New Criticism was a formalist movement in literary theory that dominated American…
Patrick McEvoy-Halston Katie Hoffmann A lot of people who had been abused and had been made to carry all ill-effects of this predatory behaviour while their abusers further used their culturally-enabled immunity to further savour their power of them, are discovering that there is finally an end to this hell. "You" weren't ignored because your concerns weren't sufficient. They were always sufficient, it was just that we were intent on making "you" feel like they weren't. I think it is fair for people to be rejoicing that we've evolved to a time when victims are heard and believed, and we can't be thwarted from immediately disposing the predator... almost regardless of rank (though, if ever there was reason to, would we ever take down Obama? Not without us going insane, me thinks). #metoo isn't only about what has happened to women, nor only to children... to me it speaks to emergence from a very long period where most Americans seemed to accept that there were going to be powerful people, who are immune to suffering, and then there is the rest of the populace... the carnage, who'll suffer and probably come to suspect themselves.
Diane Lake Katie Hoffmann Yes, as in the comment immediately following yours...

Thomas Zorthian
Thomas Zorthian I am disappointed that Mr. Brody finds Ms. Farrow's accusations credible. Unlike many woman who are now coming forward, Ms. Farrow was a very young child when the alleged incident happened, and memories from that part of a person's life are unreliable. The fact that Ms. Farrow believes she is telling the truth has little bearing on whether the incident happened.
Patrick McEvoy-Halston That idea that memories of a young child aren't reliable really held strong ground for a long time. The daycare child abuse in the '80s was thwarted by most people coming to agree with this premise. It was deemed a witch hunt, and it was open season on the psychologists who were ostensibly so bent on persecuting these ostensibly probably completely innocent parents.

I think what we'll end up learning is if the way a culture decided was fact concerning the reliability of childhood memories owed actually TO fact, or sort of to what we're find out here... that overall, for whatever reason, a whole age seemed determined to overlook, waylay, belittle harm done against vulnerable people. The end results of this #metoo moment could in fact be that we'll go back to the results of these 80s trials and decide the evidence was actually there, and we had further victimized people who were already victimized because... well, perhaps because we felt that our age had to be one that produced ample winners but also just as many people who would be used and abused and abandoned.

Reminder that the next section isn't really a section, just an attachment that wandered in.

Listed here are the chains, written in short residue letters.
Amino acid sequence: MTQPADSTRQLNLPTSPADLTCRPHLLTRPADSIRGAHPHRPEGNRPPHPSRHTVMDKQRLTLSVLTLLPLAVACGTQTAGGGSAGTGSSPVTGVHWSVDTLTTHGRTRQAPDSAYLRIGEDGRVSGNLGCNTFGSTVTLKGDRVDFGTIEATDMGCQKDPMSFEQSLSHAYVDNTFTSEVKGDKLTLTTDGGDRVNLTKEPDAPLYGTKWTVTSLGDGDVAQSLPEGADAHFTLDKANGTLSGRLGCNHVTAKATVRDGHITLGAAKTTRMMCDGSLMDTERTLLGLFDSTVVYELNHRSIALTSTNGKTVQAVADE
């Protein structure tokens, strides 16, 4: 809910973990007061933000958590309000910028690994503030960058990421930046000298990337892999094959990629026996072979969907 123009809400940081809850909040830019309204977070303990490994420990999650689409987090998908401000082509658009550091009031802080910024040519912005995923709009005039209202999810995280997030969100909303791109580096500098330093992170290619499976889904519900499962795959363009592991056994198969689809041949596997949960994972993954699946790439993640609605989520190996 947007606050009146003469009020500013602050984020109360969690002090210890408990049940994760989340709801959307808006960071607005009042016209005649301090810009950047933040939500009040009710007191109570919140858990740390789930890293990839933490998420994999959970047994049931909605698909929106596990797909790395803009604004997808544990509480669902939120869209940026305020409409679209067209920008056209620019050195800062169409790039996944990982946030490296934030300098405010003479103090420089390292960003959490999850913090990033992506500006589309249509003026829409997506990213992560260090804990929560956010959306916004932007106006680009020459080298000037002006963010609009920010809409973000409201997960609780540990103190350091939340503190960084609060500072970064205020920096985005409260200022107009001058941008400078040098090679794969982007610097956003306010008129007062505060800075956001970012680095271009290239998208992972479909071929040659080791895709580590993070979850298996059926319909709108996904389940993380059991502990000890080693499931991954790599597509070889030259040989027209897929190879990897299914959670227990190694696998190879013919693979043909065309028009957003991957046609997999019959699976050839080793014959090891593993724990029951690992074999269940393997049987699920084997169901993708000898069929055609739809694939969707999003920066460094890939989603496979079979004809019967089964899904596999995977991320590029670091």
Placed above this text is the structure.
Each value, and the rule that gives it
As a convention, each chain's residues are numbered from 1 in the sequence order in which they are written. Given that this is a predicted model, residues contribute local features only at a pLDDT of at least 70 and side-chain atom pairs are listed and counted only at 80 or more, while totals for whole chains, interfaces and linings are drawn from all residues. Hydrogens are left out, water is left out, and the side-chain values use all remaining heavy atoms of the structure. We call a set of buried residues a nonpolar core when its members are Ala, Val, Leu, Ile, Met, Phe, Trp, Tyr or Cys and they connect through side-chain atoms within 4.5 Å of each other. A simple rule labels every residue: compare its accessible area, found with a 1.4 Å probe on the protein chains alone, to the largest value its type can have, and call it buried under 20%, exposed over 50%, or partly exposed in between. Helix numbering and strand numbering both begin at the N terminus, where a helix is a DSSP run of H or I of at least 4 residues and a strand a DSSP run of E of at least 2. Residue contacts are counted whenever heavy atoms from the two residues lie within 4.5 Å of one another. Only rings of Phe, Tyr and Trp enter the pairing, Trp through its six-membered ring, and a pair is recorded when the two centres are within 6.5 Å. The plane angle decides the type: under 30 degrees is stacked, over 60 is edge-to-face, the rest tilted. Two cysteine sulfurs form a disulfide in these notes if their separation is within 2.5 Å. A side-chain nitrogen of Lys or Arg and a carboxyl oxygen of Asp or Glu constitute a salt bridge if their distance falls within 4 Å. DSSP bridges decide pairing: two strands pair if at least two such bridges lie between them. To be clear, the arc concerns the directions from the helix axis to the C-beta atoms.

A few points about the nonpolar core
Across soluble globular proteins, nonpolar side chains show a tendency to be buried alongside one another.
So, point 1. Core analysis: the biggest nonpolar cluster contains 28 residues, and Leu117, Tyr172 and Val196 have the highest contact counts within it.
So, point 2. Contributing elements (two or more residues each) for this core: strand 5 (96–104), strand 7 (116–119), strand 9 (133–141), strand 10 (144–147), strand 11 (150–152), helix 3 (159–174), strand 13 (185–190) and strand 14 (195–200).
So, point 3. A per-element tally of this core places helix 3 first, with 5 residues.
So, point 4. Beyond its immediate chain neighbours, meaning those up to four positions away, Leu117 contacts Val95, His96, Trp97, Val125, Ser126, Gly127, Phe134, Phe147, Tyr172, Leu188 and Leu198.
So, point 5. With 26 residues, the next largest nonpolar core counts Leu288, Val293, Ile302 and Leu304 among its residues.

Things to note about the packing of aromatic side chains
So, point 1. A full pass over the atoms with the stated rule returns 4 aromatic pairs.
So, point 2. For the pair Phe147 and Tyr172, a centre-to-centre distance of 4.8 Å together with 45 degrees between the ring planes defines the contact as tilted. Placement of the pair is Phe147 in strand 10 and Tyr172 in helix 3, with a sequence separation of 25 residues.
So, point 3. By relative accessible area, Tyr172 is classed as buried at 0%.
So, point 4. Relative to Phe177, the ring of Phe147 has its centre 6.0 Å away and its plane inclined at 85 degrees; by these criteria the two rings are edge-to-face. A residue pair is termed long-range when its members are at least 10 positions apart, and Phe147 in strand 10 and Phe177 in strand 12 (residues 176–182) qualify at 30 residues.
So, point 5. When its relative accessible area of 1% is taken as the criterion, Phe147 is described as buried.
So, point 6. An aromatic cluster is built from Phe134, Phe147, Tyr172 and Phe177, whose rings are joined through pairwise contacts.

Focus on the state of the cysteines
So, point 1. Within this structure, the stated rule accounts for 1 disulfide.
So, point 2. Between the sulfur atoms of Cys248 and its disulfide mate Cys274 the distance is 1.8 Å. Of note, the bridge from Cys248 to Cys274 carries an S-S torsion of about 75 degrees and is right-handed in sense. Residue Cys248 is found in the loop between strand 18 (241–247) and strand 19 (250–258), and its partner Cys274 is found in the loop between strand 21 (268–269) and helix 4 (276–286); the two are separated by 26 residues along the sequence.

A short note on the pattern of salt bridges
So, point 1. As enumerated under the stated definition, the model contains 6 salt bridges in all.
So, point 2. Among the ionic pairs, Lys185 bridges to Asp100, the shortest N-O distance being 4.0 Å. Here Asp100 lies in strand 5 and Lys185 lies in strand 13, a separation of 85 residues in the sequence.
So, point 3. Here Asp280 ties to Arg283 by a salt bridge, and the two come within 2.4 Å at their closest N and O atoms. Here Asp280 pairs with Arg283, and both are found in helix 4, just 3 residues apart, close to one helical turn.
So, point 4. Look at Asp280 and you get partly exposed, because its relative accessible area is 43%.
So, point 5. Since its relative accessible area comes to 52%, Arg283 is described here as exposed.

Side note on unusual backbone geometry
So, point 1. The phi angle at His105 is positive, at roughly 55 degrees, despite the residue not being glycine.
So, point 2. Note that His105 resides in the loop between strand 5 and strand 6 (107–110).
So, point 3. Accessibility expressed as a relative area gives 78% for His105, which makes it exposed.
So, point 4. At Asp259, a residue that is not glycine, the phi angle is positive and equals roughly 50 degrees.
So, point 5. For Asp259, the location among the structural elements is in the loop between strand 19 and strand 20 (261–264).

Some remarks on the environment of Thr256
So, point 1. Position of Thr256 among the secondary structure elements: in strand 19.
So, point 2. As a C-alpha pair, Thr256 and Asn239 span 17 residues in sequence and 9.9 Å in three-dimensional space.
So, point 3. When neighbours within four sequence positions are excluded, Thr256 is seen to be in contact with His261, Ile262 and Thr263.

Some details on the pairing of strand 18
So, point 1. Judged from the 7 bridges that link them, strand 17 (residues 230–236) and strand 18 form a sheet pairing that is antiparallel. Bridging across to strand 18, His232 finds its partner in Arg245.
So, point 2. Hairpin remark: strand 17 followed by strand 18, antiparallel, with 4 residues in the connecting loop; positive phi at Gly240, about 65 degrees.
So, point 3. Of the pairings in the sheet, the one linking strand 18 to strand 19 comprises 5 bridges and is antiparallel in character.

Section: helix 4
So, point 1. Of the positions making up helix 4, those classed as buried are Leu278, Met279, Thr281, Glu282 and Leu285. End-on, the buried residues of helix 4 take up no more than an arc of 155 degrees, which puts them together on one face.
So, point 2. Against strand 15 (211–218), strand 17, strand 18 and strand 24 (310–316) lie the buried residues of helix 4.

As someone interested in psychology, I'm very interested in seeing if this happens (and I know it will). For a very intelligent but, in my judgment, misguided man, Frederick Crews, has a good portion of his reputation tied up in how he dismantled this ostensible "witch hunt," and he, more than anyone else, has been the one that we all have used to make Freudian psychoanalysis a giant hoax of a kind as well. If he takes a hit here, those who want to be able to introduce psychoanalysis back into helping understanding our times, will feel the context is safer for them to do so again. With psychoanalysis, with focus on the pre-oedipal period with the mother, we can get at why boys coming out of certain childhood circumstances (you hurt people so you feel less susceptible to being hurt; sadism out of known experiences of sadism) can feel so bent on inflicting sadistic damage on women or on children. Outside this understanding we're left with men are evil, for why otherwise the massive prevalence? for if men have been doing this for thousands of years and getting away with it, either the evil is always in them or they're incredibly apt to make use of whatever latitude was gifted them by their evil predecessors and so too must be heavily watched, all of them, which needn't even take us in a progressive direction. For if our culture is turning more populist rightwing than it is evolving progressive, this could be used to argue that men mostly can't help themselves, and the sexes need to be kept apart and women need to cover up, while men repent into some kind of promise keeper mass of fascist bros.